The year after receiving the note from his father, William received a letter from his Aunt Lucy.  Lucy was 23 years old and unmarried when she began corresponding with three-year old William.  Her writing is much smaller than that in his father’s letter, but still clearly printed, with large spaces between the lines, making it easy to read.  Some of the content is didactic, for example she told him about a local miller that works on Sundays to emphasise that Sunday should be a day of rest.  Most of the content, however, appears to be tailored to William’s interests.  Windmills feature heavily in her letters and, by the age of four, ships have clearly been added to his list of interests.  Hidden in Aunt Lucy’s stories of her travels, however, are instructions on letter-writing conventions. In 1811, when William was four, she instructed him ‘I should be glad to have a Letter from you to hear about your journey to Easingwold’.

York City Archives, Gray GRF/4/4/1 M3(c)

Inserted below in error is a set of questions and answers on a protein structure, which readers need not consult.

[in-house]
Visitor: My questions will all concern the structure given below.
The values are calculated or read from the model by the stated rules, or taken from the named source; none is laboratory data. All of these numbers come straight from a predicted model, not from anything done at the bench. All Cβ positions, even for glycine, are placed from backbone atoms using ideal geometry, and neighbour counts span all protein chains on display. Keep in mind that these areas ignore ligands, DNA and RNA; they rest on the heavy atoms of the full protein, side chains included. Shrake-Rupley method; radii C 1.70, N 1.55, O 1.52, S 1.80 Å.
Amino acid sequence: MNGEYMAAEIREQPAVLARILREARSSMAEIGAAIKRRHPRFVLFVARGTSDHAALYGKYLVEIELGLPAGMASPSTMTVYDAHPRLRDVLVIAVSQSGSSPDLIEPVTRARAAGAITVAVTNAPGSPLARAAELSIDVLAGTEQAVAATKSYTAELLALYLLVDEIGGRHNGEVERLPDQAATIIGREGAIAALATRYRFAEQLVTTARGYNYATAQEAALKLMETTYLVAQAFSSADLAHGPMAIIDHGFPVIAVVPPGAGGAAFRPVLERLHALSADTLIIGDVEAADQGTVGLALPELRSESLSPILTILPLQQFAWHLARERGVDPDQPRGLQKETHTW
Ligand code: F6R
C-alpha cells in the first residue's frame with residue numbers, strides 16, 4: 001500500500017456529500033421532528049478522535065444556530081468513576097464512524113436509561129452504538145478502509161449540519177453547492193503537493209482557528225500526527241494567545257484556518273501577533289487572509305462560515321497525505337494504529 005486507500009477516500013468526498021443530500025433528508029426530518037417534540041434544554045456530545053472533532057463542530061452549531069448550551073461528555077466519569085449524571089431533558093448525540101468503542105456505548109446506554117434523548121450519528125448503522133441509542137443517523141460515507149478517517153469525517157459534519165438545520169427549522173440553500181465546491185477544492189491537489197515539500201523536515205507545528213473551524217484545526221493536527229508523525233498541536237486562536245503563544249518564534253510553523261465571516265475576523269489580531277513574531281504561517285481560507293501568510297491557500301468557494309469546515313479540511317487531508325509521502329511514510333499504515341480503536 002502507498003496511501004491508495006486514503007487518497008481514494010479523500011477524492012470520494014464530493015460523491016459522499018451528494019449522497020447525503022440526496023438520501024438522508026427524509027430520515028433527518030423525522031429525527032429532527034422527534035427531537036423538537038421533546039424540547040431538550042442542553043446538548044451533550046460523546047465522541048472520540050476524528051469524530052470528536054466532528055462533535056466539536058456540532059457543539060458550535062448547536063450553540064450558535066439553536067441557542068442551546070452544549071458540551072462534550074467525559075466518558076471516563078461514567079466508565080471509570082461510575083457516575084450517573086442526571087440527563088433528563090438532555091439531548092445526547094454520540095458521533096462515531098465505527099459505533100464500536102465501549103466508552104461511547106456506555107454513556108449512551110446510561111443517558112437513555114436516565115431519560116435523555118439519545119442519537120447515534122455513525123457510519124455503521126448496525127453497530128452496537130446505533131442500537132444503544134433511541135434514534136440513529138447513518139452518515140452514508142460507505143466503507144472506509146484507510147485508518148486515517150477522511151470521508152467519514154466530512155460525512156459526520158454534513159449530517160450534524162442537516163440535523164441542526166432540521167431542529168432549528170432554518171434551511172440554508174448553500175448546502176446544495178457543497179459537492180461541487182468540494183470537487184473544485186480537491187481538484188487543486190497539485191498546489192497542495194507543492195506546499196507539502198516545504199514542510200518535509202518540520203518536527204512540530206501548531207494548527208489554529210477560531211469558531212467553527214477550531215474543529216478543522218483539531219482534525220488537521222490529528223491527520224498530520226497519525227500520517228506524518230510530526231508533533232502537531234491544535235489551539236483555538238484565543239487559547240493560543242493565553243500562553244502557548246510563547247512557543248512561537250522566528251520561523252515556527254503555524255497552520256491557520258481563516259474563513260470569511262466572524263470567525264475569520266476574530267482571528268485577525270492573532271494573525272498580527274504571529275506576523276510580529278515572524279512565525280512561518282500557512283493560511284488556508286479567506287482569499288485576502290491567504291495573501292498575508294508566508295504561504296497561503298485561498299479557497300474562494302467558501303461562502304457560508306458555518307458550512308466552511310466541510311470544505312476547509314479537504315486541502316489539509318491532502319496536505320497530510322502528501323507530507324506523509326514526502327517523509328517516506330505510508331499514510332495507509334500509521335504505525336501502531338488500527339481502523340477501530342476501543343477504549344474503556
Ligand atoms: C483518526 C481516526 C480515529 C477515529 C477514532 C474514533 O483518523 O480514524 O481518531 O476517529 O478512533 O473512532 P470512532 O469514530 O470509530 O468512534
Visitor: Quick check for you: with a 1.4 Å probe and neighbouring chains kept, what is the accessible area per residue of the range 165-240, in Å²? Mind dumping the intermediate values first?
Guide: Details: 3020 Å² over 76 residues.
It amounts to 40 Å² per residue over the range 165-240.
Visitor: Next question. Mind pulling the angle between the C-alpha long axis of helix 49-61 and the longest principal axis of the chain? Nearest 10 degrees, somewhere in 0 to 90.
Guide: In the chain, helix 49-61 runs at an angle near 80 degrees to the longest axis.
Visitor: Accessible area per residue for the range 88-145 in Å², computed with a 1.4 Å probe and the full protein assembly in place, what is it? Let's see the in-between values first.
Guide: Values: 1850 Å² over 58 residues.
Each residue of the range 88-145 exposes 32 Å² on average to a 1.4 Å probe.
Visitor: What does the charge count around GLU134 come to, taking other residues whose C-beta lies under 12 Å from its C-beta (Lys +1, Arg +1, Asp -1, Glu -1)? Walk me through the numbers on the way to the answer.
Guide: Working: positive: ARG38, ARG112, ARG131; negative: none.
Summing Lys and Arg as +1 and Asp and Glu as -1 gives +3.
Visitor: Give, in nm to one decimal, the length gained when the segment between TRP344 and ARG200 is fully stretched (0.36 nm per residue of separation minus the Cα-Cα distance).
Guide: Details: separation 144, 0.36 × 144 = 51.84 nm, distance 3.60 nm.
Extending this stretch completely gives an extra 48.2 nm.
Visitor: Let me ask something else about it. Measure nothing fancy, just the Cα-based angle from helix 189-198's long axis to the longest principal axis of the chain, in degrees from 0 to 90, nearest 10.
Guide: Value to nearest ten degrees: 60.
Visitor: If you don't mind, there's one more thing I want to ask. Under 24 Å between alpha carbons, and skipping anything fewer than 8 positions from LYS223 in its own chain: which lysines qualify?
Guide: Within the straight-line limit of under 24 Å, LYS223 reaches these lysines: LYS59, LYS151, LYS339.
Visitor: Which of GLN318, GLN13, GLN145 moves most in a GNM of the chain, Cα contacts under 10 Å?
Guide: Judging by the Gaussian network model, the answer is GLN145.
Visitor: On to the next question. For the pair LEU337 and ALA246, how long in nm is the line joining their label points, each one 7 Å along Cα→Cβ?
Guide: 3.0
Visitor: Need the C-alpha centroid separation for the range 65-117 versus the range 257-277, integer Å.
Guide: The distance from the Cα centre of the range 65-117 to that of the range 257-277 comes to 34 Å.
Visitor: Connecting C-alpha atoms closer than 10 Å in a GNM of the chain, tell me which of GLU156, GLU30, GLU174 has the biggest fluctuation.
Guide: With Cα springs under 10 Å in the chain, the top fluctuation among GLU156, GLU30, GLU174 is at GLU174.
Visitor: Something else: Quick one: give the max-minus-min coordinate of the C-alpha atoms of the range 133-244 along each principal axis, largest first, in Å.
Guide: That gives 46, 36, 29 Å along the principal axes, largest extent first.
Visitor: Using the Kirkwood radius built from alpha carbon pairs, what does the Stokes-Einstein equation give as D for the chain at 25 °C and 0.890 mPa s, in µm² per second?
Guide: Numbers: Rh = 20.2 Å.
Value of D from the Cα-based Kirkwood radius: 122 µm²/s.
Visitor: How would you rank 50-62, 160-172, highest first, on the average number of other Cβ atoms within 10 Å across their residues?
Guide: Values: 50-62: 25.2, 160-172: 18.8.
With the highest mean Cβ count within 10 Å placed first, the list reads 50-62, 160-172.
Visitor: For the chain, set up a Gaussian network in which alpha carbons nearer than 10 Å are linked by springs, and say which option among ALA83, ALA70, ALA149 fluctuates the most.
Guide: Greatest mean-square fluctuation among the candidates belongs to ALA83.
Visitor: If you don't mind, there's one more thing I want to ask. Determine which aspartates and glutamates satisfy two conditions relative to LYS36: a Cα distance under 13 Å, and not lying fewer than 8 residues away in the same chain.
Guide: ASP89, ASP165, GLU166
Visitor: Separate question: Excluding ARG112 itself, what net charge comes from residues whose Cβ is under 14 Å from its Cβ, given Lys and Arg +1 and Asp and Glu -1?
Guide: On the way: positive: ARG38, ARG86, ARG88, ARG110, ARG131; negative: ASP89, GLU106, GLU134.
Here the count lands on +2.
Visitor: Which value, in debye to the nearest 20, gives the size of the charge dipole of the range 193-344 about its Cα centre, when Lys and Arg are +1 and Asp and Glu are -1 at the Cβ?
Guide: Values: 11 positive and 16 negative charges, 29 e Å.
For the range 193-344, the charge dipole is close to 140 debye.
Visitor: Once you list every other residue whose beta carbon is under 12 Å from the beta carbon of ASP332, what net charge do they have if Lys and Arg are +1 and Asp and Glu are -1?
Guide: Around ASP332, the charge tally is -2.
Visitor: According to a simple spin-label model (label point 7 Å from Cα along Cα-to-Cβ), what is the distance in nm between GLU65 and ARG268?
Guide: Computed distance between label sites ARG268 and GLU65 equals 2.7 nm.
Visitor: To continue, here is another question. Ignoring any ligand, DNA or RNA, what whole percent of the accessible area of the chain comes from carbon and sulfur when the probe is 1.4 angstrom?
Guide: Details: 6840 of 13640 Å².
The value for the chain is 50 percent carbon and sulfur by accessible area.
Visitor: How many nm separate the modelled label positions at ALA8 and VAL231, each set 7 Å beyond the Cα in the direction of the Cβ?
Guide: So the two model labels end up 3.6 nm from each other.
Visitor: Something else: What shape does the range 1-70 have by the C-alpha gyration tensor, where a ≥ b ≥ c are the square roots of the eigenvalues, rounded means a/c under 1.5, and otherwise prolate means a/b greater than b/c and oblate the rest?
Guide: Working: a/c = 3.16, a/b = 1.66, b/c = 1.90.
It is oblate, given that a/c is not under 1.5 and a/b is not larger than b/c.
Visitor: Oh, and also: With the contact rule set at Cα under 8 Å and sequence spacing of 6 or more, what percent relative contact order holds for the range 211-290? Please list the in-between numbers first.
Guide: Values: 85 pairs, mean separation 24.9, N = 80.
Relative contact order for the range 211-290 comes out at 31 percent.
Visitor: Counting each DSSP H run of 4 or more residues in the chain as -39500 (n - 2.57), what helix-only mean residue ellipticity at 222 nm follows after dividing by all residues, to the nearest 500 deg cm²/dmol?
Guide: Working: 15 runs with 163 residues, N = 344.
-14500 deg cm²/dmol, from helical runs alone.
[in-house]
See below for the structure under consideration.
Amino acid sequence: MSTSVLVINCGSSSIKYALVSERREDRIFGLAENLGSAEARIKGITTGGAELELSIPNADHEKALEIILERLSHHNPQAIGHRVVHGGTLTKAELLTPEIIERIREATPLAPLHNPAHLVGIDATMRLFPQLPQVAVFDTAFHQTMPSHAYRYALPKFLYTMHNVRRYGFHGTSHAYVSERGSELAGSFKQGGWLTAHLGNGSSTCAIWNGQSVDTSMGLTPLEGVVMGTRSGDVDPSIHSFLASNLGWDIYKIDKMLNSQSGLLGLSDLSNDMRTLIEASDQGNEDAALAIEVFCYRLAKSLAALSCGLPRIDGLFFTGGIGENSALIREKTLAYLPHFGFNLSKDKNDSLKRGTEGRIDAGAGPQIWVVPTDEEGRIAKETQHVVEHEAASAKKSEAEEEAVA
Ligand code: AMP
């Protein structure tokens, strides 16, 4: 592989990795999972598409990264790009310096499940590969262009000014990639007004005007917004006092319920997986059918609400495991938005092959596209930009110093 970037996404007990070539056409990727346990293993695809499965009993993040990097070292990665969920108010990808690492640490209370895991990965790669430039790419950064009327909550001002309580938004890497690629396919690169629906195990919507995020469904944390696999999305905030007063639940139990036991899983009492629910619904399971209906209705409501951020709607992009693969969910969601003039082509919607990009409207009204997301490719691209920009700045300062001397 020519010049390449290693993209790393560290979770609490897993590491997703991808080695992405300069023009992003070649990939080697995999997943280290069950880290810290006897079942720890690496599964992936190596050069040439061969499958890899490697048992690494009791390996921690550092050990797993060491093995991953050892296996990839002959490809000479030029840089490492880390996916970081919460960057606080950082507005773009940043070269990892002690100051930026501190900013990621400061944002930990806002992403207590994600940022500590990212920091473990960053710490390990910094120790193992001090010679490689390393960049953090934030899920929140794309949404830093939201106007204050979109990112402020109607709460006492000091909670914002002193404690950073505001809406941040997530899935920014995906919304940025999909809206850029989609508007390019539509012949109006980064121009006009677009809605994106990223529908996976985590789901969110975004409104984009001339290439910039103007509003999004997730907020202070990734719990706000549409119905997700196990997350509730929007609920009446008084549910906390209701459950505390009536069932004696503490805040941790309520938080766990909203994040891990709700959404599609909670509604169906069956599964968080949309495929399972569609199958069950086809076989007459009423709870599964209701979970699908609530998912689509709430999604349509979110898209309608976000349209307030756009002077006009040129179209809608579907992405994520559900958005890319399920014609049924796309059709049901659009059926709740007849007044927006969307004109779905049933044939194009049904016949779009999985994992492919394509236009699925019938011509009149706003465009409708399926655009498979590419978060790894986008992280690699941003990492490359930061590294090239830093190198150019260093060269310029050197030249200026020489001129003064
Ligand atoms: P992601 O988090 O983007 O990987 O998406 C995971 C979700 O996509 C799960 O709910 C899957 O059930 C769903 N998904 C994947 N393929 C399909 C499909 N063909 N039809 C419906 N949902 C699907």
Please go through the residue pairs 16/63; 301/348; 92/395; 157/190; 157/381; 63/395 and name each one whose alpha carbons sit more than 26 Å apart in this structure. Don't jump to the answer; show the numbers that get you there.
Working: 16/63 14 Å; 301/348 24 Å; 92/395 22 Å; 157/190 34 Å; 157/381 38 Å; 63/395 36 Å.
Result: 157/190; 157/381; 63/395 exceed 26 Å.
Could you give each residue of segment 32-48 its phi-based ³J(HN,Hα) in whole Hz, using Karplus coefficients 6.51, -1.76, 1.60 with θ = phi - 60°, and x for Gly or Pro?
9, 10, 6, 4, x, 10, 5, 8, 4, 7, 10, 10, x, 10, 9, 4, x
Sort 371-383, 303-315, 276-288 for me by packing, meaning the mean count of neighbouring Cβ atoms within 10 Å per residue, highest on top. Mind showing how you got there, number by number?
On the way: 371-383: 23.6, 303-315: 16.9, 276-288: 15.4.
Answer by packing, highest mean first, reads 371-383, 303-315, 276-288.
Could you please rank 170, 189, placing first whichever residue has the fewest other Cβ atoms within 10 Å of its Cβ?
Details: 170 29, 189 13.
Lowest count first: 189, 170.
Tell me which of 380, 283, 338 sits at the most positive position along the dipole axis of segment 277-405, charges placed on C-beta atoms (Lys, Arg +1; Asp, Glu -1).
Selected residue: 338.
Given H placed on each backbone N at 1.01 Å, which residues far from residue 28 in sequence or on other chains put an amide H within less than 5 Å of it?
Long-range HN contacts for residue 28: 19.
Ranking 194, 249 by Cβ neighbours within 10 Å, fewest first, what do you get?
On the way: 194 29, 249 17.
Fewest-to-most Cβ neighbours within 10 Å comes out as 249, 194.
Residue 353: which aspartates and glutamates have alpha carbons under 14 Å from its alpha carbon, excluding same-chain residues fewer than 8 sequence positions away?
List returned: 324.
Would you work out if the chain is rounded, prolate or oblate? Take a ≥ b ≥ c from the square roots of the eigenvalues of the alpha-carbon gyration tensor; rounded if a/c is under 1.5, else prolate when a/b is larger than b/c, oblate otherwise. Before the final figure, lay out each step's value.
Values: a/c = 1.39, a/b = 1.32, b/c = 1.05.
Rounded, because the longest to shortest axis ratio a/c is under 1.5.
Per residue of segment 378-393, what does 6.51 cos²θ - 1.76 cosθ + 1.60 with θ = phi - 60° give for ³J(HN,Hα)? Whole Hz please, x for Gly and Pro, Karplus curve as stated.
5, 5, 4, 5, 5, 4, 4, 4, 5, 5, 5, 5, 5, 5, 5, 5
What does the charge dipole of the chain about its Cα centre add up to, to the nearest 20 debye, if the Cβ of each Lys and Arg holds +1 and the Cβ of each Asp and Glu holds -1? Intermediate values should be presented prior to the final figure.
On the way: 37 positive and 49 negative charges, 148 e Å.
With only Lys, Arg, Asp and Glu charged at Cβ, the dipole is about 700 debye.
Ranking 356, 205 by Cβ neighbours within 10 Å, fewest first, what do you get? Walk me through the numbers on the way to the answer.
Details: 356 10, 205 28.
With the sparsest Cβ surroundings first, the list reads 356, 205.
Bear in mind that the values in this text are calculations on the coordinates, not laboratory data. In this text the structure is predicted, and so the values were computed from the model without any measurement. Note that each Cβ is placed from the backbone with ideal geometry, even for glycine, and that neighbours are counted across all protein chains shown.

William was clearly a diligent student. In 1812, aged just five, his aunt wrote to him in round hand.  She acknowledged his progress at the outset of the letter, writing ‘As you are now in round hand, I need not take the trouble of printing Letters to you again’, though she acknowledged that she will still print letters to his younger sister. Her writing is still large, and carefully spaced to make it easier to read but more closely resembles the handwriting of adult letter writers.  On the final page, is a printed message to William’s sister.  This letter is quite short, but includes many of the conventions found in adult correspondence.  She thanks William for his gifts to her and anticipates receiving another letter from him in a parcel sent by his mother. This reference to the temporalities of letter-writing encourages William to think about opportunities to send letters as they are presented. Many of the letters that we have transcribed already as part of this project are written in response to such an opportunity – a visit from a friend who is returning home, or the parcelling of goods, saving the recipient the price of postage.